In the SG&A costs we did see some increases. They had to do with some changes in our bonus structure. We had a little higher legal costs and we had some increases in sales meetings that we were – and in administrative fees to national accounts. So those were the biggest items. But they were offset in the R&D area by some engineering changes that were made both here and in Angleton and overall we were able to reduce some of our costs in our R&D which offset it in the total operating expenses.

Fred Lampropoulos

Okay. Thanks, Kent. I want to come back just for a minute and talk a little bit about the revenue line as well. As many of you will recall, our revised forecast for last year was $205 million. We had a very, very strong December and fourth quarter, stronger than anticipated, and we ended up at $208 million.

The year started out very candidly somewhat slow as the pipeline was filled and there were some startup issues, and we were actually behind our monthly forecast for the first two months. But we had a very, very, very strong record month in March, and our momentum in terms of our sales continues that moving forward in April. So we feel comfortable with our revenue numbers for the year. We hope to outdo that. But I don't want people to be overly concerned with the comparisons. I think the things that we should look at are the things that are really the important issues, and that is the gross margin improvement, where Merit sits in terms of their cash, and those kinds of issues are important.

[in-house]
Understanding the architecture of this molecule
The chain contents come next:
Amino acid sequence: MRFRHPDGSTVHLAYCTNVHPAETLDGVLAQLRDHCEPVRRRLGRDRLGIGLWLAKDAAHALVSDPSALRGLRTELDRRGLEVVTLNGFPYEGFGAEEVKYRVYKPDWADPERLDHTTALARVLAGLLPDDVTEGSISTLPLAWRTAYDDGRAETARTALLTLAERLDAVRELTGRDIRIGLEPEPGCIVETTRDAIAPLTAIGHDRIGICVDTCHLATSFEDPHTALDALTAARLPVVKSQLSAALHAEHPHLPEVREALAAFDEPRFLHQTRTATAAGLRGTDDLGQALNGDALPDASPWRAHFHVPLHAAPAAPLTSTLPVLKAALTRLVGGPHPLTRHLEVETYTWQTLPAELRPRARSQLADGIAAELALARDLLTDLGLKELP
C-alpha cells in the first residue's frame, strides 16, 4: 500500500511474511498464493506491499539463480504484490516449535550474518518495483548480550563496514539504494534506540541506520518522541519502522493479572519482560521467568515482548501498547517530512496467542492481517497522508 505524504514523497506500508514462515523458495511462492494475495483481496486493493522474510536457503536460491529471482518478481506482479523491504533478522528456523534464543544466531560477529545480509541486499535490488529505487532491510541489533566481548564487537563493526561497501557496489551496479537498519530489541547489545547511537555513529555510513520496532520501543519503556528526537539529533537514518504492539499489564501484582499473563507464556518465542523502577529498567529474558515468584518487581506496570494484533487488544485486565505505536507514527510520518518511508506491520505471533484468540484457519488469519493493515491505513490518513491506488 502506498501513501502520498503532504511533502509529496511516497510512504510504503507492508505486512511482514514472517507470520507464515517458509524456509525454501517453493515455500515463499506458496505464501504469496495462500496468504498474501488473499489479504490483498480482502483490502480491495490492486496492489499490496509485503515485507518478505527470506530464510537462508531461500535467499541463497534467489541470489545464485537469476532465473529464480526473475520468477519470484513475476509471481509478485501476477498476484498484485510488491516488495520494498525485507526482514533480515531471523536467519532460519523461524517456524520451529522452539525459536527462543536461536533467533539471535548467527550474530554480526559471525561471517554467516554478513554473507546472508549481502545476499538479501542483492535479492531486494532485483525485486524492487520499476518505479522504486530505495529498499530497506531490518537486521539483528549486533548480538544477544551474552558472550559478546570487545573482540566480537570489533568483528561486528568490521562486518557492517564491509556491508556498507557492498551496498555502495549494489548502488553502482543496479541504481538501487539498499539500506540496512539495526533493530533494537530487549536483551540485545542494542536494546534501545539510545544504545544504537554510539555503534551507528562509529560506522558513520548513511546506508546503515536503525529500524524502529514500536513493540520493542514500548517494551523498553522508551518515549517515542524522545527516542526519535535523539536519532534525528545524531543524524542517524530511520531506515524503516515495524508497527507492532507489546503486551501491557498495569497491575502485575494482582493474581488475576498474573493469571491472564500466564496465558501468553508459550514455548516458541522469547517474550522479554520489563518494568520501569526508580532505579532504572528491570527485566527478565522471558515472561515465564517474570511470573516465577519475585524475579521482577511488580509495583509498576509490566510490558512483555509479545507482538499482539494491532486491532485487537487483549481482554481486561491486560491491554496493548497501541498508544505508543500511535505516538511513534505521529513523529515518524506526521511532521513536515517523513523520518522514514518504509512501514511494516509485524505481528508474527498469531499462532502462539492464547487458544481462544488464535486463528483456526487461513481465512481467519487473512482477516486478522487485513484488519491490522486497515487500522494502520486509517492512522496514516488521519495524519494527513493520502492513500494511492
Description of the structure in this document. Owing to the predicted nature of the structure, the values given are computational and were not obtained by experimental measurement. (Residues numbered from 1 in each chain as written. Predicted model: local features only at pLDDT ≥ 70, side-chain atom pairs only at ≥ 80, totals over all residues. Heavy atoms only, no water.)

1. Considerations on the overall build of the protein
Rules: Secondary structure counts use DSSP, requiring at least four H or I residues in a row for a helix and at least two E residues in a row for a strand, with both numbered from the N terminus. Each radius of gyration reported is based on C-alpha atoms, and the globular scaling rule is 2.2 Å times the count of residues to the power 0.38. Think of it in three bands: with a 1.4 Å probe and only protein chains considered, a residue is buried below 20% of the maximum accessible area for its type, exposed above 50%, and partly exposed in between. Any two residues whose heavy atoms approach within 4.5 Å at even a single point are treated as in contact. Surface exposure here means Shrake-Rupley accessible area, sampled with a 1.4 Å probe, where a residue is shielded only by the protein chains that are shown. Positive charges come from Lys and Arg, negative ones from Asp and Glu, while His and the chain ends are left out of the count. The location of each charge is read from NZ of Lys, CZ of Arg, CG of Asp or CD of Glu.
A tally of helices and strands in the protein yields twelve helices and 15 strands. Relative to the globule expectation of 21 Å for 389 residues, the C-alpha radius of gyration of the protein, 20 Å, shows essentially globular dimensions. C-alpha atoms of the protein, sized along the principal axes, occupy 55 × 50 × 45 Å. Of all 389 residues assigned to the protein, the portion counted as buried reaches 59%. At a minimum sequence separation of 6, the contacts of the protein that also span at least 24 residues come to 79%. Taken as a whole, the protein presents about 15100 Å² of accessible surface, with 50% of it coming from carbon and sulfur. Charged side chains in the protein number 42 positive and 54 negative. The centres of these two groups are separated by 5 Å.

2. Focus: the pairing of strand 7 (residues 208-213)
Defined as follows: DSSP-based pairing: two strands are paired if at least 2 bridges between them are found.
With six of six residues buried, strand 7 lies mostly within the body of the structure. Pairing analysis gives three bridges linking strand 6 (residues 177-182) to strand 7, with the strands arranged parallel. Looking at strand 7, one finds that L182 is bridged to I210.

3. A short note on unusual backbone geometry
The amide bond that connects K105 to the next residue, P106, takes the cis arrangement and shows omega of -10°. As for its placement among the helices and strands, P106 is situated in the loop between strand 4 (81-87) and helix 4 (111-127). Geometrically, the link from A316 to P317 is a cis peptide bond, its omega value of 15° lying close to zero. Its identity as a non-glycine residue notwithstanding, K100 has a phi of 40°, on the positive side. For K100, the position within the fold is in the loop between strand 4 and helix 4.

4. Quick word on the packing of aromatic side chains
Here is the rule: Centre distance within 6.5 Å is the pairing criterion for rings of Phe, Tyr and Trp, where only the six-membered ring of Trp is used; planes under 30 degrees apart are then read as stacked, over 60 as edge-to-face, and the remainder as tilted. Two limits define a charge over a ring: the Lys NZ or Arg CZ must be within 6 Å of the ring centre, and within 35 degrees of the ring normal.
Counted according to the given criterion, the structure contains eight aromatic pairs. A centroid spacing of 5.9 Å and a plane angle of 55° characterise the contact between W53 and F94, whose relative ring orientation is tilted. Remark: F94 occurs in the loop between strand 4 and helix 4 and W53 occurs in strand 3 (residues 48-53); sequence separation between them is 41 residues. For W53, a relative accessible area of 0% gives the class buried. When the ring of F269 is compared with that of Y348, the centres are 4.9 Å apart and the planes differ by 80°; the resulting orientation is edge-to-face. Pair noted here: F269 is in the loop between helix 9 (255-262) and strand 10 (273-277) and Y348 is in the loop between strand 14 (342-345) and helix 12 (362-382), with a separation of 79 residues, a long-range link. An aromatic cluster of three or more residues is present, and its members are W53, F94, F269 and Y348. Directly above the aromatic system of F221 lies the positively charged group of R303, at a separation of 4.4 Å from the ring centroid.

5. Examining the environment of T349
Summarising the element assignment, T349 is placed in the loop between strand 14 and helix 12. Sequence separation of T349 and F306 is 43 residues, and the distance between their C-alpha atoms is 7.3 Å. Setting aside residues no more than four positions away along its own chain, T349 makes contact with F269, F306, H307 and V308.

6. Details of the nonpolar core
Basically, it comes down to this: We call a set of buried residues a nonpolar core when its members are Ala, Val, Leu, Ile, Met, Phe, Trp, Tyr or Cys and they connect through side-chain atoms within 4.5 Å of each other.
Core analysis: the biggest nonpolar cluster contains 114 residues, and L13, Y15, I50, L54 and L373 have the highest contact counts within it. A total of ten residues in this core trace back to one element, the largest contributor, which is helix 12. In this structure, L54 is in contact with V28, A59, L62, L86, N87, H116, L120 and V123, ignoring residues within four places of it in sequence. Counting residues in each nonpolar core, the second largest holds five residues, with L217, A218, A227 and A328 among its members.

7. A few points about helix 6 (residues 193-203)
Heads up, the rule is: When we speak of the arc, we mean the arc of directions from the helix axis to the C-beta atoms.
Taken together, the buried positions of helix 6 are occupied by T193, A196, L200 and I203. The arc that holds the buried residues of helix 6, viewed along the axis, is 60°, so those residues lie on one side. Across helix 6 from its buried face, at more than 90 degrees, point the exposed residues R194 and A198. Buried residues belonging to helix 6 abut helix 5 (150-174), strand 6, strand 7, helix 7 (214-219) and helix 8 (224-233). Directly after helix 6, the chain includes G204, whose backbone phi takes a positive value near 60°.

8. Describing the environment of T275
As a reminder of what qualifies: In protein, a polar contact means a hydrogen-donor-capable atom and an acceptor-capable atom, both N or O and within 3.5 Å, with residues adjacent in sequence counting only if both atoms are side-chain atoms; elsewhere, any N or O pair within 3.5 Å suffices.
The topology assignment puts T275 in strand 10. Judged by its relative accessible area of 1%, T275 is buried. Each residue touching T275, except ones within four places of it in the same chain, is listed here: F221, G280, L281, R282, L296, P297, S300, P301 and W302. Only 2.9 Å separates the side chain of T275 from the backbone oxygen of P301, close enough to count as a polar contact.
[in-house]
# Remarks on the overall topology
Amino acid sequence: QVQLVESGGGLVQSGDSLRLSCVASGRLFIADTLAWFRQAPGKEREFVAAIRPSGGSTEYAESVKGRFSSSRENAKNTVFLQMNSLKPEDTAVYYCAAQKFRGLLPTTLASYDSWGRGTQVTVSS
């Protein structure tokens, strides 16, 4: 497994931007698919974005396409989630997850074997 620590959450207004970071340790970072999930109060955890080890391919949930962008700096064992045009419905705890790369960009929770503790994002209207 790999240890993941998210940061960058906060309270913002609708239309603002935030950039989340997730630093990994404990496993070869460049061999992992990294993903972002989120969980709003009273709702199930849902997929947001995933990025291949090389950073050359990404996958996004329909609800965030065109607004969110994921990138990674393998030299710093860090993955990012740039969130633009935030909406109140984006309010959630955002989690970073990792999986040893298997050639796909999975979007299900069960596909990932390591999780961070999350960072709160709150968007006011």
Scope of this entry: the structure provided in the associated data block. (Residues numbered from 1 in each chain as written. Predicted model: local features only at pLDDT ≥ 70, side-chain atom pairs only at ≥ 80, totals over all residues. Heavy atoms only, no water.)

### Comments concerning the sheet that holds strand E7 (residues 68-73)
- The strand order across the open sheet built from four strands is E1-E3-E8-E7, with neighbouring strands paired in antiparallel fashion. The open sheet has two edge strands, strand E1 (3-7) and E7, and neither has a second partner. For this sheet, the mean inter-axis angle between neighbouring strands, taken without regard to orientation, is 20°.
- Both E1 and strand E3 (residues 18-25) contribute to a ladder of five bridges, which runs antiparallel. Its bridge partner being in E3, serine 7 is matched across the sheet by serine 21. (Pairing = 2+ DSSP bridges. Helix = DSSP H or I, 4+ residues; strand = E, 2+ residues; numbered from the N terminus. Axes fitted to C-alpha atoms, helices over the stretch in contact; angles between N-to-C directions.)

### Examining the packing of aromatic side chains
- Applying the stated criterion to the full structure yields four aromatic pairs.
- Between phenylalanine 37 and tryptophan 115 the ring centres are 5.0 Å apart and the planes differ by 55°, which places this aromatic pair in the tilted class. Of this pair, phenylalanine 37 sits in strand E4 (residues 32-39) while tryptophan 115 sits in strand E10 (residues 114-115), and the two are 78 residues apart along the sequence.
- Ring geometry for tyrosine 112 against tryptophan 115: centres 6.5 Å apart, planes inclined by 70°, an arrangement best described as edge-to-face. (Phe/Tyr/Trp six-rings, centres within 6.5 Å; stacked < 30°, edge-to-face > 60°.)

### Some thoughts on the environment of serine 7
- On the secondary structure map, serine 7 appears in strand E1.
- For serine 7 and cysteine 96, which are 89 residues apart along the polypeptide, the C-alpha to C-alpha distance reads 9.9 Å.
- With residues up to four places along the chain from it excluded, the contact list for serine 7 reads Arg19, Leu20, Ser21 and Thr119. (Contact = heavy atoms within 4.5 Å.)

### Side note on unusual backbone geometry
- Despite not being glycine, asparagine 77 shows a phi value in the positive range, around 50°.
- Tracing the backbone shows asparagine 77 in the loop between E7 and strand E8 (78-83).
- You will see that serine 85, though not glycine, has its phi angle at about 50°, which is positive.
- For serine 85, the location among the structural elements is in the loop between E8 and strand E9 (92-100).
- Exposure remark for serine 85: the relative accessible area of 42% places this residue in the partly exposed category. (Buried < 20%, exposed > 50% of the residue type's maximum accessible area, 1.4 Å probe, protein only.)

The gross margins, the earnings per share, up 50% and the overall fundamentals of the business. Merit's never been healthier. There have never been more opportunities. I spent today again talking on a couple of acquisition issues, and in terms of those particular issues, there are ongoing discussion for many opportunities for Merit, more than we've ever seen. The fallout and softening of some of the major players and their commitments from there and from VC for single-product types of companies has slowed down dramatically, and we hope that as we move forward this year that there will be opportunities for what we think are some significant acquisition situations. And of course we're in great shape in terms of our cash to be able to do that.